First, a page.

Last week’s post talked about some issues with possessives. This related post talks about some common issues with our friend — the apostrophe.
Contractions Versus Possessives
Two of the most common blunders we see are the your/you’re and the its/it’s confusion. I think much of the time the use of the incorrect choice is a typo. However, if it isn’t, we can clear it up with a simple rule. These two words are not exceptions.
- Contractions: ALL contractions have apostrophes. That is the whole purpose of a contraction, or a shortened version of a couple of words. The apostrophe takes the place of the missing letter: I’m for I am, we’re for we are, don’t for do not. And yes, you’re for you are and it’s for it is.
- Possessive Pronouns: Your and its are possessive pronouns, not contractions. And none of the possessive pronouns have apostrophes: ours, yours, hers, theirs, his.
So . . . it’s is a contraction and has an apostophe like all contractions. Its is possessive, and has no apostrophe, like all other possessive pronouns. Same for your and you’re.
Another issue with apostrophes is putting them in plurals. Now we know (don’t we?) that we do not use an apostrophe to make a noun plural. Apostrophes in nouns make them possessive. But questions often arise about using apostrophes with plurals of letters, numbers, symbols, and abbreviations.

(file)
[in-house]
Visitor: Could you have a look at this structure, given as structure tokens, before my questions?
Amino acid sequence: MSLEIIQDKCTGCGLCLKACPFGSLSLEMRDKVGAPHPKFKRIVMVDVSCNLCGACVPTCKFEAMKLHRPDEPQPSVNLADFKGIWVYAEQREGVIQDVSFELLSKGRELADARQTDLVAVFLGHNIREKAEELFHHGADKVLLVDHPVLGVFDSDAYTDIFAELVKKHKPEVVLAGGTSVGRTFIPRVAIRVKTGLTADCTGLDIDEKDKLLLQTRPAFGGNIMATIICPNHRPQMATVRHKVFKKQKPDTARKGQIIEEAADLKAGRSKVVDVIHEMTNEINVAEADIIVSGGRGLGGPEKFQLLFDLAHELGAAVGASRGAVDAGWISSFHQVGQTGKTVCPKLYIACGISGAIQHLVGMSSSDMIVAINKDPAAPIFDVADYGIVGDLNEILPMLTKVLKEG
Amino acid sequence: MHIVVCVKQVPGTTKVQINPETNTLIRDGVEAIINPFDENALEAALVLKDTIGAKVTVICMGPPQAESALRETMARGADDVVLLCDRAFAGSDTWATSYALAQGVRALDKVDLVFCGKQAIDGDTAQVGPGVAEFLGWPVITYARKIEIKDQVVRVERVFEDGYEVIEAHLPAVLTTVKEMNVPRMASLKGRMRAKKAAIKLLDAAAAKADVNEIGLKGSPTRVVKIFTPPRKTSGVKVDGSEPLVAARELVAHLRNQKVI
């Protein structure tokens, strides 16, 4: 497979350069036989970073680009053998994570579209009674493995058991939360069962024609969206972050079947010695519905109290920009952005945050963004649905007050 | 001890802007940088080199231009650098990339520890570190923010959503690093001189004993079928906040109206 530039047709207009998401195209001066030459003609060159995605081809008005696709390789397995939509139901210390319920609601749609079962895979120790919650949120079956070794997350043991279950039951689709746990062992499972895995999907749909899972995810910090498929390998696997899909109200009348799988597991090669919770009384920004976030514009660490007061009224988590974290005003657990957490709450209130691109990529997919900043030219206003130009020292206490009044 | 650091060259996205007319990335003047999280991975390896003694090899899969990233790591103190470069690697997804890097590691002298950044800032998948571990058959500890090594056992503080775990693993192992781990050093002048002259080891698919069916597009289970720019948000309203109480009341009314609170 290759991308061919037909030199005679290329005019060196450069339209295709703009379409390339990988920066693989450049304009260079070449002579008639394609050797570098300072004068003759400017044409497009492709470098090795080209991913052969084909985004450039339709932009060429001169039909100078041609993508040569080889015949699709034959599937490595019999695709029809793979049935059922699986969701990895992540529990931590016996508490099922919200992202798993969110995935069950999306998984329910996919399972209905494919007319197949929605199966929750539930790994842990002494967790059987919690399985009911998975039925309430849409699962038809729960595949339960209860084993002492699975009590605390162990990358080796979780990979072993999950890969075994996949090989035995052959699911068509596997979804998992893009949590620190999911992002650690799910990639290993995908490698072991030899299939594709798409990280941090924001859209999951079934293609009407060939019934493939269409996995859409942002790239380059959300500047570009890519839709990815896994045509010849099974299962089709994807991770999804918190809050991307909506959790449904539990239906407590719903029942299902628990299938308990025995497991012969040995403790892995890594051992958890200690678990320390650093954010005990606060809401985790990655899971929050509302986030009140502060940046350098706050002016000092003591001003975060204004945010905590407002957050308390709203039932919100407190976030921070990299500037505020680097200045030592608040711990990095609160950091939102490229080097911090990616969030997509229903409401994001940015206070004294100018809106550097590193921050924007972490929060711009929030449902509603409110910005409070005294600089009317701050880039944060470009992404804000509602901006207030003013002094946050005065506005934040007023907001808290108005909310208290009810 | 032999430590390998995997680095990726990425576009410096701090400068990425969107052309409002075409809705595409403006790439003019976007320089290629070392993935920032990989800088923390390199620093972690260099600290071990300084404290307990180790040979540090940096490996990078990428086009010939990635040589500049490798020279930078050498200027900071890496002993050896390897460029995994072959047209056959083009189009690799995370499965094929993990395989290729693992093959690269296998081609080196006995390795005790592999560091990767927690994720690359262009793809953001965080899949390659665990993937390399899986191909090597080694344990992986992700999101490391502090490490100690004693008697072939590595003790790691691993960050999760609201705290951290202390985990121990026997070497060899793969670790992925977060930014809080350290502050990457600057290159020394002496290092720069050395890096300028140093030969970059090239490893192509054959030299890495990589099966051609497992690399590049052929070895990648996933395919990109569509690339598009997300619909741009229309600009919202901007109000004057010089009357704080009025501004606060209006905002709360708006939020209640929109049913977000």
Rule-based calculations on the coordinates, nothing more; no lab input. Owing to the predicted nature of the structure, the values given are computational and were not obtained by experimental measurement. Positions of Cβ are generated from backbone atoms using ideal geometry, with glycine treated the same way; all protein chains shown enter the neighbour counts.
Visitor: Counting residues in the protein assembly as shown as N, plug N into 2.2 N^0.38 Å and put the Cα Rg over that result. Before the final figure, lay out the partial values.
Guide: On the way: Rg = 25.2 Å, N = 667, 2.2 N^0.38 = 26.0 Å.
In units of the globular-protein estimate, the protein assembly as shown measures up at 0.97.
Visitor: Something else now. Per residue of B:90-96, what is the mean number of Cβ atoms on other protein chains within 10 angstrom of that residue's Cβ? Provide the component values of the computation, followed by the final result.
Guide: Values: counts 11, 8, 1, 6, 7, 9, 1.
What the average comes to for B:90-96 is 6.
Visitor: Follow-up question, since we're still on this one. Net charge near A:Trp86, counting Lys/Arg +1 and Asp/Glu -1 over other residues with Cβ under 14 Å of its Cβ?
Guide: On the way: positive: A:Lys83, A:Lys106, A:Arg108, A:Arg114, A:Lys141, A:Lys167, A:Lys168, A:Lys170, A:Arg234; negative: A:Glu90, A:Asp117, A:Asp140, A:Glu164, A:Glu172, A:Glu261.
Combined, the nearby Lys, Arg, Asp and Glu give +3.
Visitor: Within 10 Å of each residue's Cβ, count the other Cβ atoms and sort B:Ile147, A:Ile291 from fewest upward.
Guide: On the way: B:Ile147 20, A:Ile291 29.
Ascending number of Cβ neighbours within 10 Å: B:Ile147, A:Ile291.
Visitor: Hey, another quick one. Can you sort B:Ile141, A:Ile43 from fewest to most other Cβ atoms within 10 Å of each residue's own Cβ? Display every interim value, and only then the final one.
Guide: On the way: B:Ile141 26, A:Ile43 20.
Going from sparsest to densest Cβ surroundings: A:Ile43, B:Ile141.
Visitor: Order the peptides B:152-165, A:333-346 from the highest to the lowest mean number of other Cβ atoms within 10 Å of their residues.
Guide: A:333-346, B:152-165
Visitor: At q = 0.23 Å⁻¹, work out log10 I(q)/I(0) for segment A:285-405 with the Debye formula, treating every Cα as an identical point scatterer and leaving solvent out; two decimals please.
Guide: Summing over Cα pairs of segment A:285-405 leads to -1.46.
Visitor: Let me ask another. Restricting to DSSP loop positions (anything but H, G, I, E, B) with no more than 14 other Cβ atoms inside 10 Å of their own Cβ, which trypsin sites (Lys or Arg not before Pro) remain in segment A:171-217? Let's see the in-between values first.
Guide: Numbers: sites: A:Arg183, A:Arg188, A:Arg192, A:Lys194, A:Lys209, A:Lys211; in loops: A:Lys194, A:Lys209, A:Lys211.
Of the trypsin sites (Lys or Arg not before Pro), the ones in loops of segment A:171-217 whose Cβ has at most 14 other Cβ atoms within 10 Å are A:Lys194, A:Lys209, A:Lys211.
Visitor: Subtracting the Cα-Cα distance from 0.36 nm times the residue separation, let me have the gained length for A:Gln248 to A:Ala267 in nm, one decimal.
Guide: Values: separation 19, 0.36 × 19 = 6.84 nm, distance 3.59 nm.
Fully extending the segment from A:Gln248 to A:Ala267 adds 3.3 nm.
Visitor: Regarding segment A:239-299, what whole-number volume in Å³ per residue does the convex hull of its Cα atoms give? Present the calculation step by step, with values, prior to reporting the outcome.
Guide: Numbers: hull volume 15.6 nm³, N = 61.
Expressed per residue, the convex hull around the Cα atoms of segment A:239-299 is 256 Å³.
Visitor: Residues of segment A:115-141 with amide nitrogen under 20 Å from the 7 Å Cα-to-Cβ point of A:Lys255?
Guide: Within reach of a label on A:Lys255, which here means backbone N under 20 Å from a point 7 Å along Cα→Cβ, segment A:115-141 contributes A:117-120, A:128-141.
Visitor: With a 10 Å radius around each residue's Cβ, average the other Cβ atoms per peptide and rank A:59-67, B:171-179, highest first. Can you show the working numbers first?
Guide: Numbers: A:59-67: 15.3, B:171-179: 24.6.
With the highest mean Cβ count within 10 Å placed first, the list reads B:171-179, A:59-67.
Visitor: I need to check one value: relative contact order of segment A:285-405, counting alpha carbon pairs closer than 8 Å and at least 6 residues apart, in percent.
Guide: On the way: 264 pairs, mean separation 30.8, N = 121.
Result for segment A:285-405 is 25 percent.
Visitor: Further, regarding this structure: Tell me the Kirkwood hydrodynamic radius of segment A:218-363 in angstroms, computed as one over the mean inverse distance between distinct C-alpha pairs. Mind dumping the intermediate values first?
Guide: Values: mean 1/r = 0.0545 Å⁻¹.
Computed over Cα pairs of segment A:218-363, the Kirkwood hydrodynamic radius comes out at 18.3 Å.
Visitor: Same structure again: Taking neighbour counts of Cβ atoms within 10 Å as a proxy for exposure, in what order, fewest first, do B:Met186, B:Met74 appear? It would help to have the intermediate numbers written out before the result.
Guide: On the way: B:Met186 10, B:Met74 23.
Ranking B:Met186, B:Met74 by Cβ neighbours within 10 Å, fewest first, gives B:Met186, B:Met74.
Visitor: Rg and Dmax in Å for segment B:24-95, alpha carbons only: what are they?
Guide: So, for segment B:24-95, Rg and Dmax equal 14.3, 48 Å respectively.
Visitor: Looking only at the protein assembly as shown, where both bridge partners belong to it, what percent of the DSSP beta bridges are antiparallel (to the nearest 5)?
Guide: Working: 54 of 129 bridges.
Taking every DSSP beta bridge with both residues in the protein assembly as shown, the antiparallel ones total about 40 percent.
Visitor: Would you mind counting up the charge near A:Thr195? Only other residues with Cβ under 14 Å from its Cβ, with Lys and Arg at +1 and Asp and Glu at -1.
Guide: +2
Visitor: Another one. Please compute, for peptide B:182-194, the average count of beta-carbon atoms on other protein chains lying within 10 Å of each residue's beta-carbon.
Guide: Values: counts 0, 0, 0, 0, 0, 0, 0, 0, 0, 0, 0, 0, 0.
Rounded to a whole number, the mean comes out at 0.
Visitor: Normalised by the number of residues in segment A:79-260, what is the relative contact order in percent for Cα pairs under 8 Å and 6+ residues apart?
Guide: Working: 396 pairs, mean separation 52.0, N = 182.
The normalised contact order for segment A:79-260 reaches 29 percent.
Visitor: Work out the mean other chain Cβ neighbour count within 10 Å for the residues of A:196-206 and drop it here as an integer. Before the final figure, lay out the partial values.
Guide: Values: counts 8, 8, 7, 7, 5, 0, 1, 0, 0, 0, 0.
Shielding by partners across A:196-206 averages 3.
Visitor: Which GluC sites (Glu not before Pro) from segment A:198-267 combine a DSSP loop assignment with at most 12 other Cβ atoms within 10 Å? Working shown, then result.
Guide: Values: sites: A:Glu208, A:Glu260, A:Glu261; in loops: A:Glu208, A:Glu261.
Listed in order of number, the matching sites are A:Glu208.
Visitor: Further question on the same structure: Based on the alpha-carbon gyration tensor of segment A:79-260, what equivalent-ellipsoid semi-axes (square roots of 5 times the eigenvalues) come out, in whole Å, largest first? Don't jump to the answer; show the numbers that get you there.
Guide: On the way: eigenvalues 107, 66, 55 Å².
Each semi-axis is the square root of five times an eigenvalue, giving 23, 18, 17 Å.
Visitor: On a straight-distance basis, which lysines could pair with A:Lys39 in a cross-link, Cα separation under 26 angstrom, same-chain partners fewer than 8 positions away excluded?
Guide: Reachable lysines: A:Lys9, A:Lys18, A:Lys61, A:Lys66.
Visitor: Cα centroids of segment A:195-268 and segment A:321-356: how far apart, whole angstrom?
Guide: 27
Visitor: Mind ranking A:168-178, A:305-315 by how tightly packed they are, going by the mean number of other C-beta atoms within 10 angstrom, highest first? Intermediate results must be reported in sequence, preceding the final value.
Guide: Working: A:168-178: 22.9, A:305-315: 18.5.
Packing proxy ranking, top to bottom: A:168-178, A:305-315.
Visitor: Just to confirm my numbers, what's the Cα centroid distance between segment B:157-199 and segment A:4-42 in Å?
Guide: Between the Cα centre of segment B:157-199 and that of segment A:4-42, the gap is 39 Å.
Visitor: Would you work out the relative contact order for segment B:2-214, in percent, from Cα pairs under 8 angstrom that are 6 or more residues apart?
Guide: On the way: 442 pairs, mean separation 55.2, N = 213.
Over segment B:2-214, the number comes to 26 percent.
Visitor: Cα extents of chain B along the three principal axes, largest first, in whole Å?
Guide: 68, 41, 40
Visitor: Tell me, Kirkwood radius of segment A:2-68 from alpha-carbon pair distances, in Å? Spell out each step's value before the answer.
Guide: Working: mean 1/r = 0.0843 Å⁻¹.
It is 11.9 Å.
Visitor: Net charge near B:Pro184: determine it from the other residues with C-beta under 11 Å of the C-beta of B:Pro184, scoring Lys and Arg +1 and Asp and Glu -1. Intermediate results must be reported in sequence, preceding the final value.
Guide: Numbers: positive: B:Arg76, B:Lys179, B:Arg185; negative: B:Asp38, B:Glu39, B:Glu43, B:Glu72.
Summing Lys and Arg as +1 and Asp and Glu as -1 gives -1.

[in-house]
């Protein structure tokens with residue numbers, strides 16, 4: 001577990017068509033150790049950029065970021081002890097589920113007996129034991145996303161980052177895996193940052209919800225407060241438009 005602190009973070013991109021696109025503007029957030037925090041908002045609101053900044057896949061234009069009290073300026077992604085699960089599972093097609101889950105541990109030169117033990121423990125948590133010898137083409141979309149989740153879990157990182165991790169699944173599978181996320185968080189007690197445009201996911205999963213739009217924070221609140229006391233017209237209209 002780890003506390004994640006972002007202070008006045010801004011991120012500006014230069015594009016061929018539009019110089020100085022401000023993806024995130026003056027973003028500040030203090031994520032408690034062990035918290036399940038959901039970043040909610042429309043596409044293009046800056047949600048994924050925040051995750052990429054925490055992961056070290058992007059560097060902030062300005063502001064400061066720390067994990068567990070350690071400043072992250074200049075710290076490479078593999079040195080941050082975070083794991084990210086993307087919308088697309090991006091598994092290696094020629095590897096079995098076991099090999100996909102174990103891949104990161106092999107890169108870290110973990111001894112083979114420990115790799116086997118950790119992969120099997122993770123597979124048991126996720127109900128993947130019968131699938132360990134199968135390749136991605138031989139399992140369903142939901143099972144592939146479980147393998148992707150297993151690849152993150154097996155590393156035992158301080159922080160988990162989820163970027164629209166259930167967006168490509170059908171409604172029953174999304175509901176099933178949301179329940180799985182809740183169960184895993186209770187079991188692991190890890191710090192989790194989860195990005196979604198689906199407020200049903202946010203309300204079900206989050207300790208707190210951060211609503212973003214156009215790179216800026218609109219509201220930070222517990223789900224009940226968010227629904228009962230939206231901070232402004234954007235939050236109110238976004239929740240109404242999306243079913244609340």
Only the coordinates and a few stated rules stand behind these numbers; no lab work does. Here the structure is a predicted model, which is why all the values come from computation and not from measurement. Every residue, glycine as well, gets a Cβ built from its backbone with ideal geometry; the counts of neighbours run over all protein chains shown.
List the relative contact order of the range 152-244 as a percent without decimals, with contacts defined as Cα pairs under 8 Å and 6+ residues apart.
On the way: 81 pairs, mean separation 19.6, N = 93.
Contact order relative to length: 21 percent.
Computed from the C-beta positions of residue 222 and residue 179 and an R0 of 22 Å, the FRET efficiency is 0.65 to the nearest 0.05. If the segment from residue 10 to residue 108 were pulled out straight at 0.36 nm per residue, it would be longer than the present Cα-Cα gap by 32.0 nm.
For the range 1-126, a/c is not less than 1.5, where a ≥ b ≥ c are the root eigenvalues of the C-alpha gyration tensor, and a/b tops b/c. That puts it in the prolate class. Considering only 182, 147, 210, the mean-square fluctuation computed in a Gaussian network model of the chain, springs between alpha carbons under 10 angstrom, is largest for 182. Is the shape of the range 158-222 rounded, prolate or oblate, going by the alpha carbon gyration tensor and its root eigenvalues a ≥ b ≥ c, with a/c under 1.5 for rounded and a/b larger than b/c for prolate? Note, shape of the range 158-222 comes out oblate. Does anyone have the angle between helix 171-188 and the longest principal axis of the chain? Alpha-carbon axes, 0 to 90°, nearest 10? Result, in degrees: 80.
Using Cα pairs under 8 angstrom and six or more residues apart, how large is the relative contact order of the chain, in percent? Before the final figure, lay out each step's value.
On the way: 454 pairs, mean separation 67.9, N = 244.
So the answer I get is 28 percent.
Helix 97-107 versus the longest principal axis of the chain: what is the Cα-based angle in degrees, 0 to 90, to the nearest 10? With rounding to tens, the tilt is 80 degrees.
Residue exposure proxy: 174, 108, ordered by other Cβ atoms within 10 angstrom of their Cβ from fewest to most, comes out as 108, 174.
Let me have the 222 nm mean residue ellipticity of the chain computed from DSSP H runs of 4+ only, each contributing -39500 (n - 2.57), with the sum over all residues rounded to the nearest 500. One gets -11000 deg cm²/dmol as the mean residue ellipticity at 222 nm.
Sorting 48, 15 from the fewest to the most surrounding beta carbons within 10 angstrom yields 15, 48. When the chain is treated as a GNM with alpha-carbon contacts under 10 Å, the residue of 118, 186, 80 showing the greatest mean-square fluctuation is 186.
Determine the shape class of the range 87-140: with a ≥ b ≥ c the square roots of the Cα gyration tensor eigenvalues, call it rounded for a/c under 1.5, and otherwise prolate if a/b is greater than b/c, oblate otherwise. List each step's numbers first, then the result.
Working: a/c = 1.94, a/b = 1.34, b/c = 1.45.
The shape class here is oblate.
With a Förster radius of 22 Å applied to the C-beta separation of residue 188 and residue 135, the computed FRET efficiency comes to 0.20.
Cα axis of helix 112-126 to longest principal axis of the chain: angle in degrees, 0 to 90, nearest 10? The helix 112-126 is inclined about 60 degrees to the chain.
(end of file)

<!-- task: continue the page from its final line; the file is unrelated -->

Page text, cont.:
Letters: You do not need to use an apostrophe with the plurals of uppercase letters except A, I, and U, which could be mistaken for As, Is, and Us: Bs, Ps and Zs are fine without apostrophes. The letter is italicized, but the s is not. For lowercase letters, it is often clearer to use an apostrophe: p’s and q’s.
Numbers: You do not need an apostrophe in plural numbers: 2s, 1900s, 60s. I would think you could use an apostrophe is a single number like 2, but you don’t need to.
Symbols: Once again, you don’t need to use an apostrophe in a plural symbol: $s, &s. But you can if you want to.
Abbreviations: Abbreviations that are uppercase do not need apostrophes: ABCs, PTAs, YWCAs.
Grammar Diva News
Having fun doing a couple of guest presentations for a business bootcamp for ages 14-27. These kids are great and know their grammar! Very important for entrepreneurs to know how to write!
Need a little grammar help now and then??? Know someone who does??? Maybe you just love grammar???
The new edition of The Best Little Grammar Book Ever! is now available on Amazon, Kindle, Nook, Kobo, Smashwords, and most other book and ebook retailers. You can order it from your local bookstore or perhaps find it (soon) at Copperfields Books in Sonoma County, CA.
- New information
- Expanded section on commas
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